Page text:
Tunnels & Trolls (any edition) Class & Level, but attribute driven in play; 5.5 and later have a "talent" system
Monsters! Monsters! (any edition) - same core as T&T of the era - T&T from the monster point of view
Legend of the Five Rings (editions 3, 4, or 5. 5 is current). skill driven, but character schools function almost as classes. Samurai focused.
Talisman Adventures - Class and level, single digit atts, boolean skills. Still murder-hoboes
Vaesen - skill driven (Year Zero Engine), d6 dicepool. 19th C fantasy horror. Appease the monster somehow kind of horror.
Dresden Files (either version)- fate system. Based upon the books.
Mouse Guard - d6 dicepool
Warhammer Fantasy Roleplay. My preference is for 1E, but the recommend is for any non-3rd edition, as 3rd's heavily component based. all use D% against attribute modified by skill
The Arcanum - Class & Level, 1d20 for combat, otherwise percentile skill driven in play. What Palladium should have looked like...
d6 Fantasy. Skill driven d6 pools, roll and total. Same core as d6 Space, d6 Adventure, WEG Star Wars, and such, but with att and skill names adapted for fantasy.
Pendragon 1d20 <= skill. the system at first may seen clunky, but the mechanics provide (in campaign play) a strongly arthurian feel, and encourage strongly playing to it. New edition coming. Any edition is good; if you want magicians, you'll need 4th core.
Feng Shui 2. Fast and silly martial arts movie themed +1d6-1d6 system with some dice tricks (open ending, for one), skill driven, char gen is start with template. (1st ed core can be leveraged to make new ones, and is in PDF) Note that the setting involves time travel, so it's technically multi-genre
Kobolds Ate My Baby (BEER system). Xd6 <= Attribute. Silly fun. Players are playing inanely stupid fang-enabled critters, trying to catch dinner for King Torg (All Hail King Torg!) without getting killed. 4th edition was almost a boardgame approach. SDE dropped the grids and added John Kovalic art...
Talislanta (Big Blue Book) System is 1d20 + Skill driven for almost everything. Template based, and boy howdy, lots of templates. Most of the 500 pages are the setting. It's available legit for free in PDF via talislanta.com
A few more I recommend, but which are out of print
Dragonlance 5th age - everything but the deck is available via DTRPG. It's a D&D setting, but a custom deck card system, card+att. Optional skill system. Almost all card play by players.
Arrowflight 1st Ed. (2nd isn't good as a system, IMO.) d6 dicepool (roll low), skill driven, renaissance tech level fantasy, in a well presented corebook that's 50% setting.
Good from certain points of view:
Palladium Fantasy. Ignore the rifts tie-in, and it can be a lot of fun. d20 combat and d100 non-combat, both skill driven. Class & Level determine most of one's skills. Some races have racial classes, others use standard ones, and some do both.
1. Powers & Perils ( Powers and Perils - Index ). Great game once the "light bulb moment" occurs (re: you 'get it' and the game system pieces all fall into place).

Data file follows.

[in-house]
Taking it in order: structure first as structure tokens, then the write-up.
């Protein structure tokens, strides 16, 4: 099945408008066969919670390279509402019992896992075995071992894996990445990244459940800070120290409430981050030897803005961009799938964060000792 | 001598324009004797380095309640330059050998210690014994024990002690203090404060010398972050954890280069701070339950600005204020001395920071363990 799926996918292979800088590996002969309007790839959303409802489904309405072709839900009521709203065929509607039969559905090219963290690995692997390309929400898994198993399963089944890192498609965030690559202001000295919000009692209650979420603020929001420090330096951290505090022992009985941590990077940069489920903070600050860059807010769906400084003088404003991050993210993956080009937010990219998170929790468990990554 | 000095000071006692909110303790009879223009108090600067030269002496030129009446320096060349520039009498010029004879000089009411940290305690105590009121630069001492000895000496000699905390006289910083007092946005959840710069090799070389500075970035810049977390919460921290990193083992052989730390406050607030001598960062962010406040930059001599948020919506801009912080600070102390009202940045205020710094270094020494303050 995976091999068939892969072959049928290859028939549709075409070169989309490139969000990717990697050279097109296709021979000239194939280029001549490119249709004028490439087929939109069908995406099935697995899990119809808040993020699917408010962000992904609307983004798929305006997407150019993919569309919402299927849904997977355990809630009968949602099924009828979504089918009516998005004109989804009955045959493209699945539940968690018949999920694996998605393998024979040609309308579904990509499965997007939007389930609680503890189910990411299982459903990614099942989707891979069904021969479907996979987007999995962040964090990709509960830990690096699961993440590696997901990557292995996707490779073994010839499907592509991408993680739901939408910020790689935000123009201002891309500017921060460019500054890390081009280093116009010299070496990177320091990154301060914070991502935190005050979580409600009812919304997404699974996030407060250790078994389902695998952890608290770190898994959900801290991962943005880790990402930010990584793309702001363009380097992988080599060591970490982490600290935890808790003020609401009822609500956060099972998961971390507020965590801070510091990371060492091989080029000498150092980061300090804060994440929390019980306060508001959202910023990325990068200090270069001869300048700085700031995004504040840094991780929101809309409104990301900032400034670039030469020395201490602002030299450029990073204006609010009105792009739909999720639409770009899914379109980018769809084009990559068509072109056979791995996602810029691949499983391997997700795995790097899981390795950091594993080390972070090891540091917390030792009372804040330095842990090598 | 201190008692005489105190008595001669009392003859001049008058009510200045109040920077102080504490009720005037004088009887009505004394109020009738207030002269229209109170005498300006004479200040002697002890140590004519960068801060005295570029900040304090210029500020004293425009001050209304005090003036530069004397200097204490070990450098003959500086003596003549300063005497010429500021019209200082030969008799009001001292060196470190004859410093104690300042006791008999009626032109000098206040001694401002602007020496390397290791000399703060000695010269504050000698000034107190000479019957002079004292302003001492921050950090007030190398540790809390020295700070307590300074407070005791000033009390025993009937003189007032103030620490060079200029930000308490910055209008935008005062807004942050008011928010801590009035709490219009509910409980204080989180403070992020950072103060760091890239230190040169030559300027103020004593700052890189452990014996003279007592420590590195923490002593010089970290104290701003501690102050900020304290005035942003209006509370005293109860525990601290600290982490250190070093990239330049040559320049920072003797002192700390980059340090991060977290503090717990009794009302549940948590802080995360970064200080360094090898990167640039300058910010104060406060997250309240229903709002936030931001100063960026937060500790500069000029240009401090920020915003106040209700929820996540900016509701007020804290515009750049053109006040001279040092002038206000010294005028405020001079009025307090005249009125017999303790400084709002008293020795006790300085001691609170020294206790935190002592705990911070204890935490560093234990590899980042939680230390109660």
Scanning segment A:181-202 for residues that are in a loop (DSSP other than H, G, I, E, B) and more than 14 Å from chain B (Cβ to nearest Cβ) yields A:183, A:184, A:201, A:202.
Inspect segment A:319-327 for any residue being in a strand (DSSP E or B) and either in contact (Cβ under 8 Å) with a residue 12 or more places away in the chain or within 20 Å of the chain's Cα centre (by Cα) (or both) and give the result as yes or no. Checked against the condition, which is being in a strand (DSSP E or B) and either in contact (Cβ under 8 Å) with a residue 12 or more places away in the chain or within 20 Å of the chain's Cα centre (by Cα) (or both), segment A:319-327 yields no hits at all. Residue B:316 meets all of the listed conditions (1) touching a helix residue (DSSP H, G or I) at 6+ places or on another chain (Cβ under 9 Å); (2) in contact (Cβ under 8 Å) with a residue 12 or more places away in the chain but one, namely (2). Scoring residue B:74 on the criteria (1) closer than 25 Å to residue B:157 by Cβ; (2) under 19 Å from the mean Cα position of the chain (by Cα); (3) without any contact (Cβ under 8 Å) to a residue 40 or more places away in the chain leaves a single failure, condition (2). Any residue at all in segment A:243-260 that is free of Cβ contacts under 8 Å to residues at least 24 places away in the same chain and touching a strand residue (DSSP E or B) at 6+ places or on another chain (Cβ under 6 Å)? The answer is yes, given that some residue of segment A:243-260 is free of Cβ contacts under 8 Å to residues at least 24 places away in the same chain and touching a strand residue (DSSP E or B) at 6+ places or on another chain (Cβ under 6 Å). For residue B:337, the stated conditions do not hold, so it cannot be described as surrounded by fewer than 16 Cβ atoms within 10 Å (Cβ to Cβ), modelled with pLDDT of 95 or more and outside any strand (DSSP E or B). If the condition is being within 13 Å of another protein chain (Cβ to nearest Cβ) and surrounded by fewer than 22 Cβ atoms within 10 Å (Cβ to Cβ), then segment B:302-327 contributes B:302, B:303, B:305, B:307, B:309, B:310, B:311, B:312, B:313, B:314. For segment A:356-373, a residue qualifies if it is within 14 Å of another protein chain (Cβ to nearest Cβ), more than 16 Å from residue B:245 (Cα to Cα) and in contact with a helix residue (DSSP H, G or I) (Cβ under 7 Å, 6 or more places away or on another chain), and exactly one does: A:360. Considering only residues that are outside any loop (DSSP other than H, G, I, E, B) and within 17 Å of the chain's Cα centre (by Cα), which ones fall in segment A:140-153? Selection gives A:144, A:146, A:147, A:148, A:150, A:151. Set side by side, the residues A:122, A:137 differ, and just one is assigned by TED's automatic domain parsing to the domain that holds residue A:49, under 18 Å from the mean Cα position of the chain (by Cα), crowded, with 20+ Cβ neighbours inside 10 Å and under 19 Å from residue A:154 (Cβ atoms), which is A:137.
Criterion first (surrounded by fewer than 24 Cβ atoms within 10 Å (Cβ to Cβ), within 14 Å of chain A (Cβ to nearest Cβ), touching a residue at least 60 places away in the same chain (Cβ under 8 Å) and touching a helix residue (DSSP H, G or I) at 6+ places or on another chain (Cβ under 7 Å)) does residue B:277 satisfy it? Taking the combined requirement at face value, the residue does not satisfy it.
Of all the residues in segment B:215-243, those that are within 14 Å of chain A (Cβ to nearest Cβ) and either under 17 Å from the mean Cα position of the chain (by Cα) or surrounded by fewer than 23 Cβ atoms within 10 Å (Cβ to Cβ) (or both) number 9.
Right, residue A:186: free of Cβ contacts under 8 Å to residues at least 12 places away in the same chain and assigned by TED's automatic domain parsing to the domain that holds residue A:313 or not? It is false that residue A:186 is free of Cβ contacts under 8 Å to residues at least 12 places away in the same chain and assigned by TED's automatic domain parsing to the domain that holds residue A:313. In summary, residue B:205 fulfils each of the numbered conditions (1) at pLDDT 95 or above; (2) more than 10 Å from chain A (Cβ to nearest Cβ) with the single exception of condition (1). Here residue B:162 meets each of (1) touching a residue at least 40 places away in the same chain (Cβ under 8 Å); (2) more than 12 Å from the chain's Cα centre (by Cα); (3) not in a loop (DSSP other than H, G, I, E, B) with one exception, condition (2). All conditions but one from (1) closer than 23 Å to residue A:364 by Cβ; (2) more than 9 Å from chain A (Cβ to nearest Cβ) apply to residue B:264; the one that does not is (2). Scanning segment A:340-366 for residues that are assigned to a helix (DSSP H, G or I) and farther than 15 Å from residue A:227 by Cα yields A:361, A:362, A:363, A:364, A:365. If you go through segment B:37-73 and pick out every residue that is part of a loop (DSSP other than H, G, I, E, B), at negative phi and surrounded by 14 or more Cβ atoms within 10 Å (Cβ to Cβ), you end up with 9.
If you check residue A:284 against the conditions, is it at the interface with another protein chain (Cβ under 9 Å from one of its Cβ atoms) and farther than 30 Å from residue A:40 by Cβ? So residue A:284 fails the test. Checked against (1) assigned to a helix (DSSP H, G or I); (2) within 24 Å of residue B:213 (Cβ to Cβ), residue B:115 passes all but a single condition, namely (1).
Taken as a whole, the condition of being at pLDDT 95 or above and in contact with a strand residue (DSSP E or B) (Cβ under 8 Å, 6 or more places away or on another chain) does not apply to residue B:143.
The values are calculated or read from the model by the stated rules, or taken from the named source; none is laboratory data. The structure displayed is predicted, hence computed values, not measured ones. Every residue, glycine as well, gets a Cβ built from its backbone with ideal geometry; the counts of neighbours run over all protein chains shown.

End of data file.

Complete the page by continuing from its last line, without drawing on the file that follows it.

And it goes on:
2. Warhammer Fantasy Roleplay, 1st Edition. Yes, there are other editions, but imnsho, the first is the best in almost every single way.
3. Dominion Rules. A free RPG system that I'm pretty sure I'm the only person on the planet that still plays it and creates stuff for it ( Dominion Rules - Home ). It uses d12's. Only. It's a "roll as high as you can, but not over your target number".
As the thread shows, there are many FRPGs, many of which some RPGers regard as good.
My favourite is Burning Wheel.
I also really like Prince Valiant. Compared to D&D it is very low fantasy in the sense that all magic occurs on the GM's side (framing, or narrating consequences), although in thematic terms it is relatively light-hearted Arthurian romance.
Systems like RuneQuest, High Adventures RP and Rolemaster are classic mechanical departures from D&D (an emphasis on universal skill systems over classes and class-gated abilities; magic points rather than spell prep/memorisation; combat focused on hit locations and injuries rather than hit points, with defence by way of parrying and armour-as-damage-reduction).
Is there anything in particular you're interested in, whether from the point of view of theme/trope, or mechanical minutiae, or basic dynamics of play?
If the classes were based upon those from from Bard Games's earlier Compleat line, it is what AD&D should have looked like Compleat Alchemist was amazing (I would love to find a copy in great condition at at reasonable price and the classes in the other two Compleat classes were well done and better handled many fantasy archetypes.
Romance of the Perilous Land is a lavishly-illustrated fantasy roleplaying game written by Scott Malthouse, set in a fantasy world inspired by the legend of King Arthur and a wide range of British folk tales.
Beyond the Fence, Below the Grave is a game of Norse supernatural fantasy, about practitioners of magic solving curses and facing otherworldly threats. Brilliant adventure modules, terrific system for solving mysteries. A Viking game that's not about combat!
I am not a fan of Fate (although, I admire the design). However, a friend told me about Ehdrigohr, a Fate based fantasy game inspired by various indigenous cultures from around the world so I thought that I would share it.